28 posted on 11/21/2006 10:29:23 PM PST by monkapotamus
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To: Private_Sector_Does_It_Better
Sapphire Gin.. You can now tolerate the in-laws...

..LOL..and ex-wives.. I am cooking for my ex as usual.. I can double your recipe I assume.. :)

29 posted on 11/21/2006 10:31:13 PM PST by carlo3b ("Leave the gun, take the cannoli")
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To: Tuscaloosa Goldfinch
Yesterday morning my total guest list was at 11, suddenly it's ballooned to 18 :-)

Geeeze .. Remember "the more the merrier"' this was said by someone, but obviously not the cook.. :)

30 posted on 11/21/2006 10:34:22 PM PST by carlo3b ("Leave the gun, take the cannoli")
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To: carlo3b

Piccadilly cafeteria

31 posted on 11/21/2006 10:38:45 PM PST by Lib-Lickers 2
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To: carlo3b

Here is a great recipe for the weekend after.

Pumpkin Pie Shake like Jack in the Box

3/4 cups whole milk
3 Tbs granulated sugar or Splenda
3 cups vanilla ice cream
3/4 cup canned pumpkin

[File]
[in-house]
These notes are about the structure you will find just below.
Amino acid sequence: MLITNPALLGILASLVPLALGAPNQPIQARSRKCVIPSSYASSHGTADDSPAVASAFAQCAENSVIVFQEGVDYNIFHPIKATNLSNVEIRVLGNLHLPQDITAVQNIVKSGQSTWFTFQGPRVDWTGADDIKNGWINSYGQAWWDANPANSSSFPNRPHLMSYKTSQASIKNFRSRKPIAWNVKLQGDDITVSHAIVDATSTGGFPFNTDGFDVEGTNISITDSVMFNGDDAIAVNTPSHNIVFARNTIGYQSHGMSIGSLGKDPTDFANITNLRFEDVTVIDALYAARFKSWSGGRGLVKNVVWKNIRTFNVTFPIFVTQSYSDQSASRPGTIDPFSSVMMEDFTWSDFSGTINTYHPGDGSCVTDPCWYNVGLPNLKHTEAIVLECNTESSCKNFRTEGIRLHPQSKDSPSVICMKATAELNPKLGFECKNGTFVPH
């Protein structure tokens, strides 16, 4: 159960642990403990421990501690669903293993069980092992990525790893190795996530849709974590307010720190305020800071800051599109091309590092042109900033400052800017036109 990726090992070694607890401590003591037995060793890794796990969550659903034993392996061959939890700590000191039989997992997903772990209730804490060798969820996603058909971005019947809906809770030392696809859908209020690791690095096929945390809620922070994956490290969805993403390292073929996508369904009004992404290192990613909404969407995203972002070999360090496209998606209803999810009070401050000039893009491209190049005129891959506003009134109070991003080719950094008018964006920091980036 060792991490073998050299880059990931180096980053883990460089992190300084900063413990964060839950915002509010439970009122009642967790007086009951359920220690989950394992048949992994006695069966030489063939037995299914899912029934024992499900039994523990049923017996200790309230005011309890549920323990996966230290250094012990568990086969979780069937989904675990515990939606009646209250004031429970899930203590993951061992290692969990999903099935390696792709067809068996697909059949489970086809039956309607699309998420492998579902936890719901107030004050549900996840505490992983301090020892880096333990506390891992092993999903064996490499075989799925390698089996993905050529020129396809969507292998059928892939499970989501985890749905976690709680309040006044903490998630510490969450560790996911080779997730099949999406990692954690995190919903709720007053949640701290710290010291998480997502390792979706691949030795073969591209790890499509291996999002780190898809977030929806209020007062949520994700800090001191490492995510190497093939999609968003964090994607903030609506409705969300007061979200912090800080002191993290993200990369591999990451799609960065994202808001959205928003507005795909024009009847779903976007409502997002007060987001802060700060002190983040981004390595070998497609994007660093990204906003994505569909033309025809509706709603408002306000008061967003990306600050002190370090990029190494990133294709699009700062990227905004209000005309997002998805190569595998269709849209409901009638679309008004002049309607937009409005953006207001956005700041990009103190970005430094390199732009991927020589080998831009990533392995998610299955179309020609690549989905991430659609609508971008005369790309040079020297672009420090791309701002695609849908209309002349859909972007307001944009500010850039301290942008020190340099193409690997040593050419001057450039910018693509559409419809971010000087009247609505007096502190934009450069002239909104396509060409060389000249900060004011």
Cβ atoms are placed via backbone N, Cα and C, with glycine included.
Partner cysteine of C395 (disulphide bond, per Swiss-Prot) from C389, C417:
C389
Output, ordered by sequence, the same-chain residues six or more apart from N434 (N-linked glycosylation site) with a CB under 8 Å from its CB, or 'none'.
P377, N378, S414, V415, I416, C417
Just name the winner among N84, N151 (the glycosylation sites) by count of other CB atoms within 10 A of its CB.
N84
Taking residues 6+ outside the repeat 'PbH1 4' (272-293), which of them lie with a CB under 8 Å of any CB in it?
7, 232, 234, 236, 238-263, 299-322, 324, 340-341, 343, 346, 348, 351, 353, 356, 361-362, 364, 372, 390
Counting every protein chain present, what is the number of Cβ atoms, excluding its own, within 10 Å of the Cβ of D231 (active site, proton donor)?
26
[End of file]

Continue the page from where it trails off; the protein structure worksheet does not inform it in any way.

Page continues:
3/4 teaspoon pumpkin pie spice (Penzey's is nice)

* Dissolve sugar or Splenda in milk
* Combine milk and sugar mix with ice cream, pumpkin, & spice in blender on high
* Blend until smooth Pour into 2 16 ounce glasses
* Garnish with whipped cream and a sprinkle of pumpkin pie spice
* Kick-it-up-a-notch by adding some rum or brandy

32 posted on 11/21/2006 10:43:30 PM PST by Cincinna (HILLARY & HER HINO " We are going to take things away from you for the Common Good ")
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To: Lib-Lickers 2
Piccadilly cafeteria

You reminded me of this.. yummmmm ... LOL


33 posted on 11/21/2006 10:44:43 PM PST by carlo3b ("Leave the gun, take the cannoli")
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To: carlo3b

my late grandpappy's favorite Piccadilly desert,, the coconut custard pie number 2

34 posted on 11/21/2006 10:48:35 PM PST by Lib-Lickers 2
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To: monkapotamus

This is the real apple Strudel